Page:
There seemed to be no sign of a hangover from the heavy defeat in the Camp Nou as Celtic travelled to face Inverness Caledonian Thistle on Sunday, 18 September 2016. On a ground which has been the source of much pain in the past, the Hoops opened brightly against a Thistle side resplendent in their Barca-style blue and red stripes. Celts made two changes from midweek with Rodgers’ preferred 4-2-3-1 system back in vogue, Kolo Toure and Nir Bitton replaced by Callum McGregor and Tom Rogic.
The breakthrough came within quarter of an hour, Kieran Tierney doing brilliantly down the left to turn his defender, his swerving cross with the outside of his left foot being met perfectly by Tom Rogic to crash the ball down and past Owain Fon Williams in the home goal.
At that point, Celtic looked to be on target for a convincing win, however, the hosts fought back 10 minutes later through the wonderfully-named Billy King, presumably there is only one of him. He cut in from the stand side to unleash a fierce volley, Dorus De Vries getting a good hand to the ball but only succeeding in palming it into the net for 1-1.
The game’s moment of controversy occurred soon afterwards, McGregor casual on the halfway line, allowing Ross Draper a clear run on goal. As the Caley midfielder approached the box, he went down in a heap under a challenge from Erik Sviatchenko. Home arms were in the air, claiming the free-kick and a red card. Referee Don Robertson, who would be involved in further controversy in the Highlands later that same season, chose to award neither and Sviatchenko escaped.
Within minutes, Scott Sinclair had restored Celtic’s lead with a stunning goal. Slipping his marker delightfully on the halfway line, he advanced on goal and as the defenders ensured his options to pass were limited, Scott took Route 1, curving a delicious right-foot shot into the corner past the despairing Welsh keeper. It was a goal of some significance for the Englishman, as he became the first Celt to score in the opening five League games since Jimmy McGrory in 1935. The great McGrory, Celtic’s all-time leading scorer, would go on to net in the first eight games that season before missing the ninth game at Ibrox through injury, going on to create the League record for a player wearing the Hoops by scoring 50 of the team’s 115 goals as they secured the title. Some big boots to fill there for you, Scott.
The second half saw a series of great saves from Fon Williams and missed chances, as first Sviatchenko hit the post with a header then McGregor and Tierney both watched as their efforts crashed back off the crossbar. Then, as so often happens at 2-1, that failure to kill the game off comes back to bite you. A last-minute Inverness corner was only half-cleared, the ball quickly swung back in by Greg Tansey for substitute Alex Fisher to steer a header into the far corner of the net past De Vries for an unlikely and undeserved equaliser, the first blemish on a perfect domestic record for Brendan Rodgers’ side.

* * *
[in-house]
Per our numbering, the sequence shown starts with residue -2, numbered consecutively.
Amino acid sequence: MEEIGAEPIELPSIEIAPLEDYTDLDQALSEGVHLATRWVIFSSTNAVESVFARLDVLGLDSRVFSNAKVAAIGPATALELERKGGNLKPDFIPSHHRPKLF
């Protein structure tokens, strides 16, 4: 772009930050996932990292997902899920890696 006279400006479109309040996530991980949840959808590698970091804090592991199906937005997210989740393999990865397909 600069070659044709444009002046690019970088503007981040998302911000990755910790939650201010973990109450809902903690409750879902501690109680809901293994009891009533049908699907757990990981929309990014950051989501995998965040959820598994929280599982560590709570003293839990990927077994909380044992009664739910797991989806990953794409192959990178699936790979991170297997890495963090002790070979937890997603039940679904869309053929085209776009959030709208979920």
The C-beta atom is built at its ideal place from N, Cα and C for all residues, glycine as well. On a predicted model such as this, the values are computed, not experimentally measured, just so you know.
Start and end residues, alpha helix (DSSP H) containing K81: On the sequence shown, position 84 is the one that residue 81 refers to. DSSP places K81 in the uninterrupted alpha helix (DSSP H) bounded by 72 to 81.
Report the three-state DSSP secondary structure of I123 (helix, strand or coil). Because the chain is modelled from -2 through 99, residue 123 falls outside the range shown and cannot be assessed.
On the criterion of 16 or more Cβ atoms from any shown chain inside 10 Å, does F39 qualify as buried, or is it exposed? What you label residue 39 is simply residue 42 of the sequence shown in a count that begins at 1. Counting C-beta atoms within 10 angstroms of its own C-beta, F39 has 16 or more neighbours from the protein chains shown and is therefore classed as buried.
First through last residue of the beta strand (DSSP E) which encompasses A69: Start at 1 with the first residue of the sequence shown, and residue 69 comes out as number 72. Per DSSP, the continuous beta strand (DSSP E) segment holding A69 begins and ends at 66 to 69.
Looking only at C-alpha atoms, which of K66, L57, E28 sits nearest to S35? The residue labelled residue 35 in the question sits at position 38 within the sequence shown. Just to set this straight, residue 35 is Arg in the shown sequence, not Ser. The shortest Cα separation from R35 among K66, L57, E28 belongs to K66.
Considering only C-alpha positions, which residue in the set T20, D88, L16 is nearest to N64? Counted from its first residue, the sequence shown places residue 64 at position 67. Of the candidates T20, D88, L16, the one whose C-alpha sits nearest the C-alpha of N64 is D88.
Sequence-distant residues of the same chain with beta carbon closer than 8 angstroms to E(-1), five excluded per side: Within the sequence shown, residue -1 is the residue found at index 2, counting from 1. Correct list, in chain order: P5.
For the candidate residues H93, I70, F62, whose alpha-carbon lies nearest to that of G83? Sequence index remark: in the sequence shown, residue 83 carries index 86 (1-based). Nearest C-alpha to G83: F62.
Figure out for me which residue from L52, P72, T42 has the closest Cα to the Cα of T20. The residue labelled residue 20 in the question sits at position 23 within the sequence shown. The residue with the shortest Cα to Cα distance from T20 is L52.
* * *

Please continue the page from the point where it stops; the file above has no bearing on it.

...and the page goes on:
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The Celtic manager was pragmatic afterwards.
“We should win that game fairly comfortably. It was on the back of a tough week, coming to a tough place. If we can’t take the three points, then one will have to do. Some of our movement, the tempo and the speed in which we attacked was brilliant, and I think you’ve got to credit the goalkeeper. The important thing was we were creating the opportunities, and, on another day, we could have had another four or five goals.”
Unsurprisingly, his Inverness counterpart, fellow Irishman Richie Foran, wanted to speak primarily about the challenge on Draper, whilst claiming he believed that they could salvage something from the Hoops onslaught.
“The referees have got to be brave. It’s quite blatant, it’s there for everyone to see. It was an obvious free-kick and then it’s an obvious sending off. Ross has pushed the ball in front of the lad, he’s got his body in the way, the player’s taken him down. I’m very disappointed with the decision. Very, very disappointed. I told the boys at half-time we will get one more chance. Believe it, we will get one more chance. And we did. The desire is there, the hunger is there, and there’s still more to come from us, still more quality. When we do peak, we’re really going to punish some team. I really believe that.”
What was Brendan Rodgers’ take on that incident?
“I haven’t seen it. Some people have said they’ve seen it seven or eight times and they’re not sure.”
I’ve seen them given as free kicks many times, however, I think the video footage is inconclusive. I would have been claiming it, definitely, and if Robertson gives the foul it’s a red card also. However, I’m not sure that even VAR would have identified a clear and obvious error on the part of the referee.
*An extract from Invincible by Matt Corr, available now.